Hugh LoftingHugh John Lofting (Maidenhead, Berkshire, England January 14, 1886 - Topanga, California September 26, 1947) was a British author, trained as a civil engineer, who created the character of Doctor Dolittle - one of the classics of Children's literature. Like Alice in Wonderland and Winnie-the-Pooh, Hugh Lofting's doctor from Puddleby-in-the-Marsh who could speak to animals, first saw light in the author's illustrated letters to children, written from the trenches during World War I when actual news, he later said, was either too horrible or too dull. The stories are set in early Victorian England.
After serving in World War I, in which he was seriously wounded, he and his family moved to Connecticut, U.S. He was married happily, three times.
The Story of Doctor Dolittle: being the history of his peculiar life at home and astonishing adventures in foreign parts (1920) began the series. The sequel The Voyages of Doctor Dolittle (1922) won the prestigious Newbery Medal. The next three, Doctor Dolittle's Post Office, (1923), Doctor Dolittle's Circus (1924) and Doctor Dolittle's Caravan (1926) are all actually prequels. Seven more followed, and after his death two more volumes, composed of short unpublished pieces, appeared.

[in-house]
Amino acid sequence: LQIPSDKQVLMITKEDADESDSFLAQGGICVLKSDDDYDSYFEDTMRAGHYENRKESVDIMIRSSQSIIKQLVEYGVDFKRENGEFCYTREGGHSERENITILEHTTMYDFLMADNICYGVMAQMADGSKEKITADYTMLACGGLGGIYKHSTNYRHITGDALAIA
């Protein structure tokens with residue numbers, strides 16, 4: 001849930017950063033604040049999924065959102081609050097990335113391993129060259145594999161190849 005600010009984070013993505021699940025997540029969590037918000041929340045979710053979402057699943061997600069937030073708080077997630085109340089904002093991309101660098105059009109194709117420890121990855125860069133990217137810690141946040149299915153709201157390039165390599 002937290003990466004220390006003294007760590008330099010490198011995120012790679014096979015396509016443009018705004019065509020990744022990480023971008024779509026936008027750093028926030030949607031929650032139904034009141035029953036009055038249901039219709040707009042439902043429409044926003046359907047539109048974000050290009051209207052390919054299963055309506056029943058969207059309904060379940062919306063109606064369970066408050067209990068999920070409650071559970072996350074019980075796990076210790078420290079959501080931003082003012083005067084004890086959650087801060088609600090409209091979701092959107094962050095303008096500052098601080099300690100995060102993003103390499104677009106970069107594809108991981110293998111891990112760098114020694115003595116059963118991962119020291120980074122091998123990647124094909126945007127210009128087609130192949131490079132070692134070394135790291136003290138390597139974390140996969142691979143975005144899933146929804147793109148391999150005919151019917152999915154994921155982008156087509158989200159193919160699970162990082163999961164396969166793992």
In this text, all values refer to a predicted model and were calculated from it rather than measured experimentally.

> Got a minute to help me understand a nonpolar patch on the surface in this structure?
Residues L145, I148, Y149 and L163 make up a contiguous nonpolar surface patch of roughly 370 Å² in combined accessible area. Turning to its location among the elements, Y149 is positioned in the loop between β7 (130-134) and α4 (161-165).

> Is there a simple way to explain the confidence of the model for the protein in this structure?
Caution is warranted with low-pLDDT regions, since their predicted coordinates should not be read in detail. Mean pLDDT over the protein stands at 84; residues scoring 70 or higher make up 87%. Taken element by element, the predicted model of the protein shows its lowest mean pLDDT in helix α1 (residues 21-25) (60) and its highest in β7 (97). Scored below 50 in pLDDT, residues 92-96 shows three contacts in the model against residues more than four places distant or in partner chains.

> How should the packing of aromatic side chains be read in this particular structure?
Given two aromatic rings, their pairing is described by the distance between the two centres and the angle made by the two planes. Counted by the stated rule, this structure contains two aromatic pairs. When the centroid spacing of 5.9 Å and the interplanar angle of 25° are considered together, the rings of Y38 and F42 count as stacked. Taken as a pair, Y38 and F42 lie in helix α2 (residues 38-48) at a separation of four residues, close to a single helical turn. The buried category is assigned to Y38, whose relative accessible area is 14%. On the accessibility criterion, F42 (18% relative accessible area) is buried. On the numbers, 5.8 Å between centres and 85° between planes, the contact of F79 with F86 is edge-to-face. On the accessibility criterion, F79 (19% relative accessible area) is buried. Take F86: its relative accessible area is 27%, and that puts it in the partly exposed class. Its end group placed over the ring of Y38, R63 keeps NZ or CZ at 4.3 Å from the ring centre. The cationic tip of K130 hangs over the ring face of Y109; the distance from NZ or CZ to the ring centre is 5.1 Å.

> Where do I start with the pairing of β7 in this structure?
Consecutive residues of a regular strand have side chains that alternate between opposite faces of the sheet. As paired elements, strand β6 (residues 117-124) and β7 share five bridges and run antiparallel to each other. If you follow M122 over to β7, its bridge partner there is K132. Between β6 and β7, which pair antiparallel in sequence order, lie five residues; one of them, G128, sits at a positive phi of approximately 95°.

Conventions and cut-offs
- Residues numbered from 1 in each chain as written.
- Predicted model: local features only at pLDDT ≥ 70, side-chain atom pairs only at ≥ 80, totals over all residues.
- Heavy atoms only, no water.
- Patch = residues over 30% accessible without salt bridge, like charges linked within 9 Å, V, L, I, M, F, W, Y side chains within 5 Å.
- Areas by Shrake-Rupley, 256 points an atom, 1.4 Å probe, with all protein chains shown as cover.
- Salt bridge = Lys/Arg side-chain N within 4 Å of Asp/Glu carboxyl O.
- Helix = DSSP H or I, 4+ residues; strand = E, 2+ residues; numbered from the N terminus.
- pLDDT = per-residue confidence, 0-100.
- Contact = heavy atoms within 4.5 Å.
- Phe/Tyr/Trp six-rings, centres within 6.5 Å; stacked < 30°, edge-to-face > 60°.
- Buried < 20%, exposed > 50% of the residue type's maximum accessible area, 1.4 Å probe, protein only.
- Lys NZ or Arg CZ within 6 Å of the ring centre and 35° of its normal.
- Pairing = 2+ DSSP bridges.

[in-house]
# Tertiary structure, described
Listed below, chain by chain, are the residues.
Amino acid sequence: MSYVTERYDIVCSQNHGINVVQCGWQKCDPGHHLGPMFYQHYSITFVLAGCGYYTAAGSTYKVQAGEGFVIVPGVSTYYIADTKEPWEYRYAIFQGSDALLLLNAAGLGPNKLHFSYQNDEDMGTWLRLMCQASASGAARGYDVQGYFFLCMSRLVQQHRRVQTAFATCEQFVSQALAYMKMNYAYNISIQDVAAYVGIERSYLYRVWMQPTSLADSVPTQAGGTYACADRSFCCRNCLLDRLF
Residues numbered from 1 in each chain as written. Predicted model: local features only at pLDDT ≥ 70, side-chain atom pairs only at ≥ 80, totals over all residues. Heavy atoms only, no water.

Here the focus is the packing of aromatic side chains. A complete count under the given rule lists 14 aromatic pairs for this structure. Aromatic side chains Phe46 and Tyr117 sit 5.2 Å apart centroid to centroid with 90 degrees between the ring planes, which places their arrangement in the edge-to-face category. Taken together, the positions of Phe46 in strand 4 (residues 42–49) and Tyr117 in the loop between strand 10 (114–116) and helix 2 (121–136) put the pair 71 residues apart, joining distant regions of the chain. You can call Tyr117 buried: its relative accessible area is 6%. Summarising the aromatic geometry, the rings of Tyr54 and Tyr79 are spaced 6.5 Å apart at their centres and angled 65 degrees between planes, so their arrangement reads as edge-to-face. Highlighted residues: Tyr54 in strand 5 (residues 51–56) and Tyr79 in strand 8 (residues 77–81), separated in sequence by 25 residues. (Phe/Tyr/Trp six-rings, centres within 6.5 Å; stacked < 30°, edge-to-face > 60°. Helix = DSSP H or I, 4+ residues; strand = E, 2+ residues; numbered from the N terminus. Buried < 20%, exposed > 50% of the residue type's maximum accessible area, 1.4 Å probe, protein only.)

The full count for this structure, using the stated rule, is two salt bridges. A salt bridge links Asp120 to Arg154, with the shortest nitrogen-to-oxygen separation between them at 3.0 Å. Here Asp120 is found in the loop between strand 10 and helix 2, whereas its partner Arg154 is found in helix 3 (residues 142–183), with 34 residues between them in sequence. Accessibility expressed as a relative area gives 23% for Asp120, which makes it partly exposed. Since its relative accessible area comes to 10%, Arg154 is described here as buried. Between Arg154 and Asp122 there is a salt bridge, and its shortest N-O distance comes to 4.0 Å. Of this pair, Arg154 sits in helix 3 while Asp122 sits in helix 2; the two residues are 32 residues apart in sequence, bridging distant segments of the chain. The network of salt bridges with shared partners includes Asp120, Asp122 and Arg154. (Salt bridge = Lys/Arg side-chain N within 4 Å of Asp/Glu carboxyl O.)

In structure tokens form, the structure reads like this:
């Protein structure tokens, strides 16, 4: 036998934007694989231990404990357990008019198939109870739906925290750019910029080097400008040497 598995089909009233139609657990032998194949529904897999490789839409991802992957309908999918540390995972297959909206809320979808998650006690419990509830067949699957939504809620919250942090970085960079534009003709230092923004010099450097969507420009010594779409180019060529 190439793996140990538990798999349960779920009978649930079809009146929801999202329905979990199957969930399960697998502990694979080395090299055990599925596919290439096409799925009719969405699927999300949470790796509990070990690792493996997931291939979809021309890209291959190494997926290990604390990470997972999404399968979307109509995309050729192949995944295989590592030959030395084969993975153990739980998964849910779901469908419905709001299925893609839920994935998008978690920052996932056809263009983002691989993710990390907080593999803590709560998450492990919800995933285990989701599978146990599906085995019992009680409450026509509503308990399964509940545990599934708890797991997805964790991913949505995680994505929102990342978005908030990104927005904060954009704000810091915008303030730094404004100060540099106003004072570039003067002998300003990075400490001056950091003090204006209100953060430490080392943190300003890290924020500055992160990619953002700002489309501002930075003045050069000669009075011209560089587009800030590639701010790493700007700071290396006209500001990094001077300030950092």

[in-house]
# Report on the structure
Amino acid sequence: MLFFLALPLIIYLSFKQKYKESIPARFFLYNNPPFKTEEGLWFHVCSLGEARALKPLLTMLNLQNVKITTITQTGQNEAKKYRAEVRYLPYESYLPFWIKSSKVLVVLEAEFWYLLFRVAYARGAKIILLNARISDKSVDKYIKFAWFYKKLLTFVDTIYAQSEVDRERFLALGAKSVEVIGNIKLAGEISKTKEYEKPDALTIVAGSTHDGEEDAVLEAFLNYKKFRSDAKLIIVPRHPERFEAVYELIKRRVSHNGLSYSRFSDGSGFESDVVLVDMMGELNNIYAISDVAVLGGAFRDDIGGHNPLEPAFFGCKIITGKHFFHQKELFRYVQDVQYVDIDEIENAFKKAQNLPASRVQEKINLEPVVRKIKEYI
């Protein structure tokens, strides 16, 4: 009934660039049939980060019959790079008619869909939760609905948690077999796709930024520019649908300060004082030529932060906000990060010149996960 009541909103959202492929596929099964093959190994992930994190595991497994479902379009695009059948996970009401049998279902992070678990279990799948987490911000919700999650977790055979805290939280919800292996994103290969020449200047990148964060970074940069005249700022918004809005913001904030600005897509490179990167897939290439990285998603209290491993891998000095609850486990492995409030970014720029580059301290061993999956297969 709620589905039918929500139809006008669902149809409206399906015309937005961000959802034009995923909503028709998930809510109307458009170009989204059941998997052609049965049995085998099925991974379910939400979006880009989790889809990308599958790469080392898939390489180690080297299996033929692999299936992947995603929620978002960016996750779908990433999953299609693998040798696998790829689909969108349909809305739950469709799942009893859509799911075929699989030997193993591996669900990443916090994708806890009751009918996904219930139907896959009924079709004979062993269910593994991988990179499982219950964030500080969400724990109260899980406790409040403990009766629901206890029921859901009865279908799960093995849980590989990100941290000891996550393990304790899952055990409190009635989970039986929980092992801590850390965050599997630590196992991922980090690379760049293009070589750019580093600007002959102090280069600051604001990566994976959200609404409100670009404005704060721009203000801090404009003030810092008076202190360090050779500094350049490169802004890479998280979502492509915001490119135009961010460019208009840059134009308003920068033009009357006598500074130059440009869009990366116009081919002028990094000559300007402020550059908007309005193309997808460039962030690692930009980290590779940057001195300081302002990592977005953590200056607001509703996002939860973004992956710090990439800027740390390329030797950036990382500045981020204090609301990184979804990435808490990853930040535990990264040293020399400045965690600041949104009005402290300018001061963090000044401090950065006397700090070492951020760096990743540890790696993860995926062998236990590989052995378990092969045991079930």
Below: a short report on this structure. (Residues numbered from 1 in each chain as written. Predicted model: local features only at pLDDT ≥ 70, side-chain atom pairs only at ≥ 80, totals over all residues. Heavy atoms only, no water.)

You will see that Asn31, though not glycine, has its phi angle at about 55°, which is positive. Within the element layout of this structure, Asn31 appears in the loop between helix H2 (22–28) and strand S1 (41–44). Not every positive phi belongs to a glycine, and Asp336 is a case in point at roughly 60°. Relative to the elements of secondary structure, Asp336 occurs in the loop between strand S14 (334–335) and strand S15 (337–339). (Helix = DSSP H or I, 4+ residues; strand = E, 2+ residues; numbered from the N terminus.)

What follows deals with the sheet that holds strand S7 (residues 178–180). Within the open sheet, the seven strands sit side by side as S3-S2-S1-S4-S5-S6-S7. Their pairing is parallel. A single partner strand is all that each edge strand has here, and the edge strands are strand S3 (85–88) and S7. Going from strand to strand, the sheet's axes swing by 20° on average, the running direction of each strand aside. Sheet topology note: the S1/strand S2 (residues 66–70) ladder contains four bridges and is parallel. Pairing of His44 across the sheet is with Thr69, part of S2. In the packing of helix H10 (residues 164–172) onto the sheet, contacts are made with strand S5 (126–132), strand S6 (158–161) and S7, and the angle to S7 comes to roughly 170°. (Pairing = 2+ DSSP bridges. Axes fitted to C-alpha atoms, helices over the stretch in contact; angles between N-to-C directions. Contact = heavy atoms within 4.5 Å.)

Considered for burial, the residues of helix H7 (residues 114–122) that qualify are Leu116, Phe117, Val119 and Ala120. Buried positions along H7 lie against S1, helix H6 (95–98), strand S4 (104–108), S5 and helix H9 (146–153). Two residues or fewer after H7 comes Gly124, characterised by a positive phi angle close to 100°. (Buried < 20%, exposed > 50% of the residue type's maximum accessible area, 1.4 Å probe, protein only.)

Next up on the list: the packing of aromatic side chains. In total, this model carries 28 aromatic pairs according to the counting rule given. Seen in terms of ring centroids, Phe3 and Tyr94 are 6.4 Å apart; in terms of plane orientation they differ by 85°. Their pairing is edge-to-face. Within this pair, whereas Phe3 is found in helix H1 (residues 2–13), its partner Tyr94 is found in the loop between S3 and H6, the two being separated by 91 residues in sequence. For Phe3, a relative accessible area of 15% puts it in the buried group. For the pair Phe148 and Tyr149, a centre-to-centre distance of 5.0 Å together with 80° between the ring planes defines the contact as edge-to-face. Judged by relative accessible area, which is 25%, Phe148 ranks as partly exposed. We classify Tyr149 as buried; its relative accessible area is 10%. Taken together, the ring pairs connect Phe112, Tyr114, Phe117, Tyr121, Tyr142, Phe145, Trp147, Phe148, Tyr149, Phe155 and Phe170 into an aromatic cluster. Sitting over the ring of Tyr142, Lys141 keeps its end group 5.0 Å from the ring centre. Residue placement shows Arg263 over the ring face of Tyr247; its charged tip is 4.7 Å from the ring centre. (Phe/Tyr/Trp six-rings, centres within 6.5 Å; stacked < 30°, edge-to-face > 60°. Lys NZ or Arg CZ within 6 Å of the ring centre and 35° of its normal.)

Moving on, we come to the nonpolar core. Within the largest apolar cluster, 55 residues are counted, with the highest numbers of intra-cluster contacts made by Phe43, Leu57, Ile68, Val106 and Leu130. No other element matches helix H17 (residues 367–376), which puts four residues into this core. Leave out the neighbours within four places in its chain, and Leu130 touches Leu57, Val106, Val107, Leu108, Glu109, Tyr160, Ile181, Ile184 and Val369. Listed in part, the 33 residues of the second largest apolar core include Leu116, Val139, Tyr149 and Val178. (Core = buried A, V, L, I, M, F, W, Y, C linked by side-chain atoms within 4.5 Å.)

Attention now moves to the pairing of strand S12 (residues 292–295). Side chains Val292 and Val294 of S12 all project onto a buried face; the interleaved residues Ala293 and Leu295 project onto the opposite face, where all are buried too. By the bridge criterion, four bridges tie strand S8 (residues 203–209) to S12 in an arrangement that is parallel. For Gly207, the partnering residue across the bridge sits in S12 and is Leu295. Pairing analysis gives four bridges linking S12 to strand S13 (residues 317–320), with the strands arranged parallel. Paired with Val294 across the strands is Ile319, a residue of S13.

Doctor Dolittle had a few close human friends, including Matthew Mugg, the Cat's-Meat Man. The animal team consisted of Polynesia, Gub-Gub, Jip, Dab-Dab, Chee-Chee, Too-Too, and the Pushmi-Pullyu, with a head on each end. "For years it was a constant source of shock to me to find my writings amongst 'Juveniles,'" Lofting reported. "It does not bother me any more now, but I still feel there should be a category of 'Seniles' to offset the epithet."
The first story inspired an early silent animation by Lotte Reiniger in 1922. The Doctor Dolittle series went on to further animation for film and TV, a radio serial, a movie musical with Rex Harrison (1967), a stage show, and even (in "updated" form) cinematic vehicles for Eddie Murphy (1998 and 2001).